I was asked to meet with Dean of Undergraduates John Hutchinson that afternoon. My academics were not in question; my grades were all excellent. The dean simply said it was Rice's observation that I was not healthy enough to remain on campus. There was no room for discussion. When I asked for examples, arguing that my depression was under control until the "truck incident," he told me he could not discuss specifics. He signed the papers for my forced withdrawal and dismissed me. I walked straight out of the building and sat on the ground outside. The Duncan master came to sit next to me. Still crying, I told him it was not fair. He told me he wanted me to come back next fall. He told me I was a role model for his daughter and for other women at Rice. But he did not change anything.
They gave me two hours notice to move all of my things out of my room. I turned in my key at the designated time, but I still had not packed everything. My roommate helped me move the rest of my stuff, but a head resident fellow saw us and threatened to call the police. I was supervised as I moved the rest of my things out. My roommate was shocked; she saw me every day and did not think I was unstable. Nobody had asked her whether I should be withdrawn from school. The rest of my friends had the same shocked reaction.
Rice did not refund any of my tuition.
Later that spring, I received the Duncan Edelweiss Award. It was an award for my "outstanding service to the community." I laughed when I opened that package.
They wanted me to return for the Fall 2012 semester, but I could not go back to Rice after how I was treated. Returning in Spring 2012 had taken a lot of hard work. They took away everything I had built up during my spring semester: my academics, my leadership positions and my friends. As a freshman, I had assumed I would go to Rice for four years and graduate. However, my life has not gone as planned.
I talked to some other people at Rice about what had happened to me. One man told me he was forced to withdraw for one year for depression. Other women told me about their experiences with assault on campus. The perpetrators were rarely punished. Victim-blaming seemed to be a common theme.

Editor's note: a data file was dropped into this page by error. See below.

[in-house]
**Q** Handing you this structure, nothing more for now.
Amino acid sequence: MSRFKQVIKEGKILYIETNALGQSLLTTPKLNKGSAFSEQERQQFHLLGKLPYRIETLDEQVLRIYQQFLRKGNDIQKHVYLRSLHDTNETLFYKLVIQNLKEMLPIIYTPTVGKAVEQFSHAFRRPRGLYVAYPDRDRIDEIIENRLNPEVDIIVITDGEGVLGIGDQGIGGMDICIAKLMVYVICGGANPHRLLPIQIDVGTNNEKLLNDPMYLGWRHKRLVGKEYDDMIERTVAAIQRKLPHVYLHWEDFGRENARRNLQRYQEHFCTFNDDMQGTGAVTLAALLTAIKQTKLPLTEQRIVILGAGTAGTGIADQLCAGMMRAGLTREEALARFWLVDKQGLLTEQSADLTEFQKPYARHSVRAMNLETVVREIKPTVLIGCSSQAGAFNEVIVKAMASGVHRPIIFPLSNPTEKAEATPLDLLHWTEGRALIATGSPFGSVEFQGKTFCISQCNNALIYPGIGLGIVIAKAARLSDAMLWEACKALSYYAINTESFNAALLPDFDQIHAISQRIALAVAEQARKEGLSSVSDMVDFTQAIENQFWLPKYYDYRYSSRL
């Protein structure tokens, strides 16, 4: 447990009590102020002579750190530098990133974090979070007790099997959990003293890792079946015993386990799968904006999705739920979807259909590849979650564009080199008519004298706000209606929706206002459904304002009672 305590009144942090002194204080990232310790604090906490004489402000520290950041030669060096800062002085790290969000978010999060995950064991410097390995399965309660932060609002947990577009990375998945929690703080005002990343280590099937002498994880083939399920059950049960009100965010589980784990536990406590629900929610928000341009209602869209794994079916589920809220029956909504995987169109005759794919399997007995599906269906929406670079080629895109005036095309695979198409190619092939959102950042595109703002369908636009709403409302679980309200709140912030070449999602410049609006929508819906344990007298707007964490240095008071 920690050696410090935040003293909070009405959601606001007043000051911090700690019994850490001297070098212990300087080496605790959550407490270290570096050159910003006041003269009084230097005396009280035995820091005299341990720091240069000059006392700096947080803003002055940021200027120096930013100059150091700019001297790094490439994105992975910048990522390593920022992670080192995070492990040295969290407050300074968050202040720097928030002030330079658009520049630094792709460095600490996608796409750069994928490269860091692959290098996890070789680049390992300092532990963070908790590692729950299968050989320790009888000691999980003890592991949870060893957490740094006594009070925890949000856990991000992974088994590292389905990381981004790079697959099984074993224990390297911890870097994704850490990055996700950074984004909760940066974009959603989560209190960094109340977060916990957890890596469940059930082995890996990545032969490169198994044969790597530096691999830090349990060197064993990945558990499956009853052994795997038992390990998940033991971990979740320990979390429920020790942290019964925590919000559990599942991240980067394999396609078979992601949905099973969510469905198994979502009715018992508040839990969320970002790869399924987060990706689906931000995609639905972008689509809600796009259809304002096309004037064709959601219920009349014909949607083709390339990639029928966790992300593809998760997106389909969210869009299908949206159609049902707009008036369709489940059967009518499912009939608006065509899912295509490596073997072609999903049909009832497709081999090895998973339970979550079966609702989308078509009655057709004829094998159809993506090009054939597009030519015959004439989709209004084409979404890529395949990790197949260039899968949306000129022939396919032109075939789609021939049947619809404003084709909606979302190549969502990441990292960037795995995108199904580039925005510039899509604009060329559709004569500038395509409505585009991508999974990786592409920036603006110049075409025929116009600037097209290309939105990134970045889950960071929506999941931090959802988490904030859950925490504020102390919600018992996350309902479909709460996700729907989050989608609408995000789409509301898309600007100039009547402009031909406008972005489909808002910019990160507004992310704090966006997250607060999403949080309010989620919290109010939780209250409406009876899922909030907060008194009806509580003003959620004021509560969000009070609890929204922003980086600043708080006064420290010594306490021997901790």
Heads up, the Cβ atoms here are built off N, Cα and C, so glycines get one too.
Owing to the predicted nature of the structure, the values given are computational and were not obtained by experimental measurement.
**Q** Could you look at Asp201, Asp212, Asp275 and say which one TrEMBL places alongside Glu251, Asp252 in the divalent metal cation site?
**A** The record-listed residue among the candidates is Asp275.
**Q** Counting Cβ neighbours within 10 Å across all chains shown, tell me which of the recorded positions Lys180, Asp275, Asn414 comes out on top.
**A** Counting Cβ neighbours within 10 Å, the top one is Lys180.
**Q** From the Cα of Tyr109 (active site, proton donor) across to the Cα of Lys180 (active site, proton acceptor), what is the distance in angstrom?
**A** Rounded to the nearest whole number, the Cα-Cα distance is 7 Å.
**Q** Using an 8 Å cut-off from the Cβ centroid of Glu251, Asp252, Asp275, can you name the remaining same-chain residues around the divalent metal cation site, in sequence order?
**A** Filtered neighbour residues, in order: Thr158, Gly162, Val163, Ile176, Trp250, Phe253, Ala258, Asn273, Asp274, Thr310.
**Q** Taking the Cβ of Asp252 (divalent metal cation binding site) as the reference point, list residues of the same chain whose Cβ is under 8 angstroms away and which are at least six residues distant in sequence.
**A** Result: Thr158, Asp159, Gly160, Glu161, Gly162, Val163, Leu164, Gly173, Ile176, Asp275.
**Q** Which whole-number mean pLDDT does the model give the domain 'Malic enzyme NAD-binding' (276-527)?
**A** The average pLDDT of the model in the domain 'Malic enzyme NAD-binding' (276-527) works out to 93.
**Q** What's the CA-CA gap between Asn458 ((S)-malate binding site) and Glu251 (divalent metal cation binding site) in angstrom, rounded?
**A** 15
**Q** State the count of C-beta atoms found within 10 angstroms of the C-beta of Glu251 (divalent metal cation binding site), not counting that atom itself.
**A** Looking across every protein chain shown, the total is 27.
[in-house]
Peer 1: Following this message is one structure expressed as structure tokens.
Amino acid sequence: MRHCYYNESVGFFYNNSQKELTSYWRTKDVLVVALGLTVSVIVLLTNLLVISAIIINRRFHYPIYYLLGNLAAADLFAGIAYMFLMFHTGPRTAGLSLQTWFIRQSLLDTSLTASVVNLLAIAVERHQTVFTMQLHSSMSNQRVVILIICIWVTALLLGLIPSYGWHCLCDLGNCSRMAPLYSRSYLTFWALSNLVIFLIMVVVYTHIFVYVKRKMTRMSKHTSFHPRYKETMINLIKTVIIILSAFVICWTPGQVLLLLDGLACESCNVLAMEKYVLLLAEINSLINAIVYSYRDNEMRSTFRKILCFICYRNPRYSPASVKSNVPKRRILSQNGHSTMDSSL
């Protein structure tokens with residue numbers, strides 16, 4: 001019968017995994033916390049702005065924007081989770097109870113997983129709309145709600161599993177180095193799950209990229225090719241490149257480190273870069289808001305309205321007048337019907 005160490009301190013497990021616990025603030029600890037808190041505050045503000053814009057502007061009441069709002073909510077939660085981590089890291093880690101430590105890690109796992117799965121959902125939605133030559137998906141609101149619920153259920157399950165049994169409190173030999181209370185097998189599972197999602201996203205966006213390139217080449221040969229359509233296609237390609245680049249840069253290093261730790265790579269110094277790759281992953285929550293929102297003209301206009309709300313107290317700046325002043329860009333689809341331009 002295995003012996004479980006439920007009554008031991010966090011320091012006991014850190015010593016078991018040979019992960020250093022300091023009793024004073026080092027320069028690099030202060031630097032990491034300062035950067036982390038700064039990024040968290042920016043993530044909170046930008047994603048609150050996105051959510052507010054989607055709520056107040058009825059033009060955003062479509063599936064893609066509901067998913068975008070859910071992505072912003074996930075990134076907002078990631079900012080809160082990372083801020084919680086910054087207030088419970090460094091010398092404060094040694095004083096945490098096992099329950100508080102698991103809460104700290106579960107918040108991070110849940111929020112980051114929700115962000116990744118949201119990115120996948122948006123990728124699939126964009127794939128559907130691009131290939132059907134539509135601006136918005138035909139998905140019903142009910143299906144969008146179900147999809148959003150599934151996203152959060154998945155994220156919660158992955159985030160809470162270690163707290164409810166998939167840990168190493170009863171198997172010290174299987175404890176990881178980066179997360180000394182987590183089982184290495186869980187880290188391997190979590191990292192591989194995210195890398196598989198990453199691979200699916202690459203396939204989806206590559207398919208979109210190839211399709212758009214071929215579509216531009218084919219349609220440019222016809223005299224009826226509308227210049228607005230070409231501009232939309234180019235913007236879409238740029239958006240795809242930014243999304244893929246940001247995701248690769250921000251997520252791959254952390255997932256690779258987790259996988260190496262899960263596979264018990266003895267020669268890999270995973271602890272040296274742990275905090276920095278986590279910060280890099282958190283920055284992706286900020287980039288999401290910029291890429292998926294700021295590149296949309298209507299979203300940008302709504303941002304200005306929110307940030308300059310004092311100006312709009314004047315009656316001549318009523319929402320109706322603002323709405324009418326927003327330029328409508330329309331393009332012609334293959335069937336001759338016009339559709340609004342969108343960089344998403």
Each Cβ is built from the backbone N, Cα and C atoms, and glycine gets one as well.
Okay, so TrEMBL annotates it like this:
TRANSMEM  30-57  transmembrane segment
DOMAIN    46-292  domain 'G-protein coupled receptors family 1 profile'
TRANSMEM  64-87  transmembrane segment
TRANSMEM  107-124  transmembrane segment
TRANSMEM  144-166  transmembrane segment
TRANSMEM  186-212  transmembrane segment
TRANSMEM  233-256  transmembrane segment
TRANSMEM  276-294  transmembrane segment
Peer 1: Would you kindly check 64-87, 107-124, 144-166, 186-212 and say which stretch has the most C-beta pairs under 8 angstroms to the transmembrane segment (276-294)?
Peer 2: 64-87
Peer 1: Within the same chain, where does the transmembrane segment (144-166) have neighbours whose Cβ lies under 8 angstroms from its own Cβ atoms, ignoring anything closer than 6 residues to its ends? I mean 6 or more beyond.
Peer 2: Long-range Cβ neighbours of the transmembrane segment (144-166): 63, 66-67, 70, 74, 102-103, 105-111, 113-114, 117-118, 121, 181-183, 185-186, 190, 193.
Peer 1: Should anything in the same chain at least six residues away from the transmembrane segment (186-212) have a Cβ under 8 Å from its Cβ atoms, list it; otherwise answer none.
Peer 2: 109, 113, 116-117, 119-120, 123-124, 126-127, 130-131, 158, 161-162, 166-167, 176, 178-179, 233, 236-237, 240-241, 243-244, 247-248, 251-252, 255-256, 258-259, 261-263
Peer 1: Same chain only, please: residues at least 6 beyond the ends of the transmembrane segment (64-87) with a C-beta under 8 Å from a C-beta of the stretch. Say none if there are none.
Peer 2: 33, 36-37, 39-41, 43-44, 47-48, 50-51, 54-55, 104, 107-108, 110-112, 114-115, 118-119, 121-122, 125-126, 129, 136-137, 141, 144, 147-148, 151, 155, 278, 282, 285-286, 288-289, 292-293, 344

I was lucky to get out of my abusive relationship, but the way the Rice administration dealt with my situation was unhelpful and detrimental. I have a case number associated with my assaults, but it is not listed on Rice's crime log. I was treated like something to be ashamed of. Those on the administration that had supported and advised me through ending my abusive relationship were people I trusted, but they were the ones who seemed to turn on me this spring.
Rice University is ranked nationally for having the "happiest students" and "best quality of life," but is this actually true? Or does Rice have those titles only because the administration asks any unhappy students to leave?
I am immensely disappointed in the way Rice handled my situation, and I am concerned for anyone who may have a similar experience in the future. I withdrew from Rice twice. Both times, the major response I received from the administration was that Rice could not support me. I was too much of a burden.
Mental health issues are becoming increasingly common on college campuses. It is concerning to me that Rice does not have sufficient resources to support students. During my time as a student, I found that the Rice Counseling Center was not helpful, and I know many other students who feel the same way. As an abuse survivor, I have also realized that Rice does not have enough resources for victims of assault, abuse and stalking. I would like to see this changed. Rice is a truly wonderful university, but without the proper support for students with mental health issues, it has not yet earned its title for best quality of life.
Olivia Hansen matriculated into Duncan College in 2010.